He called in for a free consultation late on Friday afternoon. I could tell right away that he was trying to pull a fast one, wanting me to help him "buy trade lines" for his "aged business entity" so he could get payment history into a D&B report he had created for a shelf corporation, but I wasn't buying it.
So I asked him point blank — "Does your company actually sell smoke and mirrors? Or does it just look that way?"
He seemed confused. "Huh?"
"That's what you're selling, right? Smoke and mirrors?" And then I spent 30 minutes explaining...
He had already spent $2,500 to buy a shelf corporation that supposedly came "with $100,000 worth of credit already on it". But it didn't. Then he got more bad advice online, wasted more money to set up a virtual (fake) address and VoIP (fake) phone number for his phony business. Now he wants me to help him get payment history put onto his report so he can achieve REAL credit — credit he probably has no intention of ever paying off.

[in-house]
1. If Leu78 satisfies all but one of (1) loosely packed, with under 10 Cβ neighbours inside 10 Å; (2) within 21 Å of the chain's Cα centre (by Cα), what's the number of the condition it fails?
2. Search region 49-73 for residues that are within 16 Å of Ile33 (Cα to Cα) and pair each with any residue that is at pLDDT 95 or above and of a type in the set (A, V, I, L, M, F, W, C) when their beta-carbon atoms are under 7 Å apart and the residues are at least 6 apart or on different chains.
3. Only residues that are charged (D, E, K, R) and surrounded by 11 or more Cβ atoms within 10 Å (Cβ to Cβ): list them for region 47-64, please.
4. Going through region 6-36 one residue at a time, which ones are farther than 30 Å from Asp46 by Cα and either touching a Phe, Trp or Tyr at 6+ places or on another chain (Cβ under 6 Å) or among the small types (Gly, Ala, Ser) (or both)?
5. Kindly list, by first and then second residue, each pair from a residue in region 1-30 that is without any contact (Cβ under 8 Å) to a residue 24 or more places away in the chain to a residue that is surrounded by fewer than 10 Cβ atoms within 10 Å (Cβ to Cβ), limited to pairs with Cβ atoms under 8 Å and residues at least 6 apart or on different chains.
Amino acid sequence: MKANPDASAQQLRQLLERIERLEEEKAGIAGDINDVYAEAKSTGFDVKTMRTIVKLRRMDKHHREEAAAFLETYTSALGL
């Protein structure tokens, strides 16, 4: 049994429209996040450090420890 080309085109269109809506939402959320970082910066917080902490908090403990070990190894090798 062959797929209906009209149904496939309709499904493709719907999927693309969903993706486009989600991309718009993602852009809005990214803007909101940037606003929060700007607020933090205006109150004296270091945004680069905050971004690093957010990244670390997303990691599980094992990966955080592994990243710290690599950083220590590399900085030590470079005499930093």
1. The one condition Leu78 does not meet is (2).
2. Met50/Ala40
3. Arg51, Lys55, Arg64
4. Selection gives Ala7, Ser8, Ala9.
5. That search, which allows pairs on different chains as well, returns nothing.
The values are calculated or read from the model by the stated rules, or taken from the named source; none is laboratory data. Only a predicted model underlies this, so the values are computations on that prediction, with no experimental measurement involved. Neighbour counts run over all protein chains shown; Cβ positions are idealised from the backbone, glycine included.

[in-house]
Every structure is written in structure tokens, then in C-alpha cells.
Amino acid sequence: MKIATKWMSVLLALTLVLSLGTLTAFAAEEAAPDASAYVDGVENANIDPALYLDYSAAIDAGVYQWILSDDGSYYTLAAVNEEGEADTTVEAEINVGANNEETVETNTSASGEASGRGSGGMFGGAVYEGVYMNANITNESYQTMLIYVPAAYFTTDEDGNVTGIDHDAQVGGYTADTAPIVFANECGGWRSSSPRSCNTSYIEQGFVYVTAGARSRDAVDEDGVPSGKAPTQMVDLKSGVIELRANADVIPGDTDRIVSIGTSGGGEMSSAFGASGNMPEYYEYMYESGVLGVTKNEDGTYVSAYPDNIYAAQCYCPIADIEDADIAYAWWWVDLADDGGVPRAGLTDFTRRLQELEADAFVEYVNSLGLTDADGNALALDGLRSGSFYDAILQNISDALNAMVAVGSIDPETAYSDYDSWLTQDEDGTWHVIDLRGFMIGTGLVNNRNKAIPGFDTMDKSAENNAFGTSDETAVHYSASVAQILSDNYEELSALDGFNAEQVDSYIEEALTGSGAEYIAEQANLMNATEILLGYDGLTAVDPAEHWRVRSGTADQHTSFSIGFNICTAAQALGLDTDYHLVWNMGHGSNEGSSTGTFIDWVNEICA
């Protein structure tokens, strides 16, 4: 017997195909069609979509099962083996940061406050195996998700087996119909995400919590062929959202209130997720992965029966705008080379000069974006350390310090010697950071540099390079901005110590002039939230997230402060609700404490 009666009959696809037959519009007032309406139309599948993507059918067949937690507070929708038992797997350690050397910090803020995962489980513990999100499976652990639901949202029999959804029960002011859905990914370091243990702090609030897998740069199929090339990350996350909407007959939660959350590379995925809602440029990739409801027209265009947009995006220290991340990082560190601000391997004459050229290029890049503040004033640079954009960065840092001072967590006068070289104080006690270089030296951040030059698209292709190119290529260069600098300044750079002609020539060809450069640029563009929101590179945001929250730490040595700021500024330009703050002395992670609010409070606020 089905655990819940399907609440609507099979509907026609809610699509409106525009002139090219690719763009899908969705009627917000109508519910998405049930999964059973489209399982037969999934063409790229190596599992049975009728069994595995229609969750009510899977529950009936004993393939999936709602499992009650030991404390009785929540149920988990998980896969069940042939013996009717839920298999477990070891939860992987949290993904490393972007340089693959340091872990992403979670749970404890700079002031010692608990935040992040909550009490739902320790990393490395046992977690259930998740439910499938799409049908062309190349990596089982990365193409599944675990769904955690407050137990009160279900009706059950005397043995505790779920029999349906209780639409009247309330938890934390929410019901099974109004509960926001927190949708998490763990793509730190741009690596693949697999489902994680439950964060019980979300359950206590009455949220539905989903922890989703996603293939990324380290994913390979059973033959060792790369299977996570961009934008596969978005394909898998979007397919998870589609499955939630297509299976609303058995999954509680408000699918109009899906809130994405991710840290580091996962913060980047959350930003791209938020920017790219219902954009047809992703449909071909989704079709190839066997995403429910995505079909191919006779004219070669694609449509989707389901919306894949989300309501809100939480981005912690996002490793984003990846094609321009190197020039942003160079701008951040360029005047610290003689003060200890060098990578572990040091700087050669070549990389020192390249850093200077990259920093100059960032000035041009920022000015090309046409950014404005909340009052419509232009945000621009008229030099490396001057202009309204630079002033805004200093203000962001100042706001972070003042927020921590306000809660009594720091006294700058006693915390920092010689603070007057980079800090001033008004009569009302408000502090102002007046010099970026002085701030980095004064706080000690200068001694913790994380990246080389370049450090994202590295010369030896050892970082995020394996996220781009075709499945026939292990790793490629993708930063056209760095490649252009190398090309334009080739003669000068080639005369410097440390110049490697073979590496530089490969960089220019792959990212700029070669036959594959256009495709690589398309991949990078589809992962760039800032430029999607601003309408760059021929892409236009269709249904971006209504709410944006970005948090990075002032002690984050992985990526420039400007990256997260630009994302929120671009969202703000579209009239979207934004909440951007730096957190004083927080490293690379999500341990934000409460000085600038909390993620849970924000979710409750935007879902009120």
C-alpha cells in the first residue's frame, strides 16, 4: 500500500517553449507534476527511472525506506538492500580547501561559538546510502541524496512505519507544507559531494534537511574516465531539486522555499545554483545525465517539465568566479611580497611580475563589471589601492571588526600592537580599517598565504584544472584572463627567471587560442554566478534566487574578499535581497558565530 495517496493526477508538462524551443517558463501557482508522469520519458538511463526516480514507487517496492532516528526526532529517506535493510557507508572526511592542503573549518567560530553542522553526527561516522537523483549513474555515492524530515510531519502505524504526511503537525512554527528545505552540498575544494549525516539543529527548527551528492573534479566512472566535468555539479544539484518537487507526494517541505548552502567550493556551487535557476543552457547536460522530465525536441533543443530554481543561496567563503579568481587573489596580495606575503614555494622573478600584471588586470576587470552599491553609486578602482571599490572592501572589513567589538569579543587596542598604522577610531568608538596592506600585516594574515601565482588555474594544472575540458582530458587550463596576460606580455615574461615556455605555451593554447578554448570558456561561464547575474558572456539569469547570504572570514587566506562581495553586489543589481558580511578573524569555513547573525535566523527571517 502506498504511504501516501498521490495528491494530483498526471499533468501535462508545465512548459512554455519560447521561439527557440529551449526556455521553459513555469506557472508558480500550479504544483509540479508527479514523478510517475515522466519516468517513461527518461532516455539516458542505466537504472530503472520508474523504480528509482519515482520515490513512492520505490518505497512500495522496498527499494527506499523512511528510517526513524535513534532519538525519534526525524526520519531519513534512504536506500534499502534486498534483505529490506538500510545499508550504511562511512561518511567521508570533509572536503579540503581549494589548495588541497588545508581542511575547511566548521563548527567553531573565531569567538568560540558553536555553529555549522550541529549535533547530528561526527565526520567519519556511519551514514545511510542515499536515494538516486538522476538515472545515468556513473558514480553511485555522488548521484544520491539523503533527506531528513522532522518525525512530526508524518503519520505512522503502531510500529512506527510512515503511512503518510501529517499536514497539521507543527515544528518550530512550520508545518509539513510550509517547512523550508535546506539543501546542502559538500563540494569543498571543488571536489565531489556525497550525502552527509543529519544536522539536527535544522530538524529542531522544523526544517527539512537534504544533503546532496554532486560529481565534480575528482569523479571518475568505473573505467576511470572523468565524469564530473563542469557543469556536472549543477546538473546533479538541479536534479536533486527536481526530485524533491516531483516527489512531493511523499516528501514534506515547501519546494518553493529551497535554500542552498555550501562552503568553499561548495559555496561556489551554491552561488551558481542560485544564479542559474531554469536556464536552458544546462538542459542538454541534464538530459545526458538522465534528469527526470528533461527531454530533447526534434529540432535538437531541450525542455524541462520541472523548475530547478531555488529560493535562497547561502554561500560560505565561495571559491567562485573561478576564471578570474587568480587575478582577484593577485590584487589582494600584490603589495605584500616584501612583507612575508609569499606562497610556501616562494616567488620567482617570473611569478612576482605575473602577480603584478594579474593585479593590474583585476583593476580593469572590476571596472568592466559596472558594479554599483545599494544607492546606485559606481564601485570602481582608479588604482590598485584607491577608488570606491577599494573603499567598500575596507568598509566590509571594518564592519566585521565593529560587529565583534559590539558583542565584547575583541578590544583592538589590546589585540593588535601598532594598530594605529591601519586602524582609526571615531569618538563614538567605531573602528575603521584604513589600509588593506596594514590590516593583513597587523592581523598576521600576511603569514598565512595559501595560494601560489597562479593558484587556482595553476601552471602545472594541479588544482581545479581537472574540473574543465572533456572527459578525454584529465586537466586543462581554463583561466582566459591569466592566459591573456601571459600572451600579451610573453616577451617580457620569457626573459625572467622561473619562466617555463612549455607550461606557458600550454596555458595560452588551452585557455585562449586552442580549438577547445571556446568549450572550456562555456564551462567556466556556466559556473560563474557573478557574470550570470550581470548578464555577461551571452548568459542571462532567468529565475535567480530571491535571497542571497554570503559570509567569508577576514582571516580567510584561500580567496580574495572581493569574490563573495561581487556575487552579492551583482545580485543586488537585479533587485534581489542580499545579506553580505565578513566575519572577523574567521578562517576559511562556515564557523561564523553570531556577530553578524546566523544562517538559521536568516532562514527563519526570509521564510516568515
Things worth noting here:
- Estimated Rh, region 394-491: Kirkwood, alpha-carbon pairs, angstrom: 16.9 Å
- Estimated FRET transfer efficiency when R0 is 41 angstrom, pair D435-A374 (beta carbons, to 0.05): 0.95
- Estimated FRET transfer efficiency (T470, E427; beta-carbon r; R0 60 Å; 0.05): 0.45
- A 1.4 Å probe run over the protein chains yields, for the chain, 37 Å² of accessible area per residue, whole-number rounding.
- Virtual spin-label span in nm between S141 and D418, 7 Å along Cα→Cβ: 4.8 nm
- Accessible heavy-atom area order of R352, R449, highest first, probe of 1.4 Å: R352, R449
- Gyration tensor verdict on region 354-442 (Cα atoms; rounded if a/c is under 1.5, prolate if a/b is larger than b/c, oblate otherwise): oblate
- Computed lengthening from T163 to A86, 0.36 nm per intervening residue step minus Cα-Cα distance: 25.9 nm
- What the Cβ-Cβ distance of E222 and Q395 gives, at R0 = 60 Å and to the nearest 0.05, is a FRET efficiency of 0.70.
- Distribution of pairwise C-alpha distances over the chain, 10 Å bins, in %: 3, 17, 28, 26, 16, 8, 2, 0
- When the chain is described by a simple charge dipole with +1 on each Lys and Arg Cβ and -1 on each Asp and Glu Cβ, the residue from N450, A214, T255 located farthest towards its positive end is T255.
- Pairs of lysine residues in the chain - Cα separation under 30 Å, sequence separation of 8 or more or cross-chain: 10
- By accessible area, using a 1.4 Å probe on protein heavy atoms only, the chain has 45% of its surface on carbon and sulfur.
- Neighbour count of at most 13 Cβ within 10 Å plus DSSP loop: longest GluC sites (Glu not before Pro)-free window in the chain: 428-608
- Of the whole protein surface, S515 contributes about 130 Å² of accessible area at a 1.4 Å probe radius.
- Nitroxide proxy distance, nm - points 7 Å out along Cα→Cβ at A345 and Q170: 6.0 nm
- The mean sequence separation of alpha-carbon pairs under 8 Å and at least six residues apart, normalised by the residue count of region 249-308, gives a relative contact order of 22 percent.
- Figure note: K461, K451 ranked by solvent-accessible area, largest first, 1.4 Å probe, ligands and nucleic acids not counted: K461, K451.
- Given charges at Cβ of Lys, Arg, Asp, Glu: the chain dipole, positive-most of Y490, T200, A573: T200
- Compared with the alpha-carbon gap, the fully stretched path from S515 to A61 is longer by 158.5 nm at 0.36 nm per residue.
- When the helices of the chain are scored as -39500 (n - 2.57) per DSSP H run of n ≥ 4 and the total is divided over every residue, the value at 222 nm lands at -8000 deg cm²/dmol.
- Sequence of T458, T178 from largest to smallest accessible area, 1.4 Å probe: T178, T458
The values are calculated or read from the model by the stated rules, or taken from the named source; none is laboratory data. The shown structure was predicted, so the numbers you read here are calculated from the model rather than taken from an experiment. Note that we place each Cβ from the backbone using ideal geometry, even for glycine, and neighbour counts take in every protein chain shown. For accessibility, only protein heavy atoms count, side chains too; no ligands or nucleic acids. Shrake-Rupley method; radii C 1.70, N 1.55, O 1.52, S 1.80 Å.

These are the kind of people who make it harder for legitimate businesses to succeed.
No one — not D&B, not me, not suppliers, and certainly not any of the creditors he plans on defrauding — are actually going to buy the smoke and mirrors someone else has already sold to him, and he's now trying to sell to us. He's fallen for all the oldest tricks in the books... and now I have to be the one to tell him that adding manufactured payment history to his report is not just time-consuming, it can be expensive, and could cost him more than he's bargained for.
If your company doesn't sell smoke and mirrors, then it shouldn't send off signals making it look like it does. Legitimate business owners buy things, pay expenses, incur bills and simple debt. And they spend money for the products and services they actually need and use. They don't have money to waste on manufactured credit.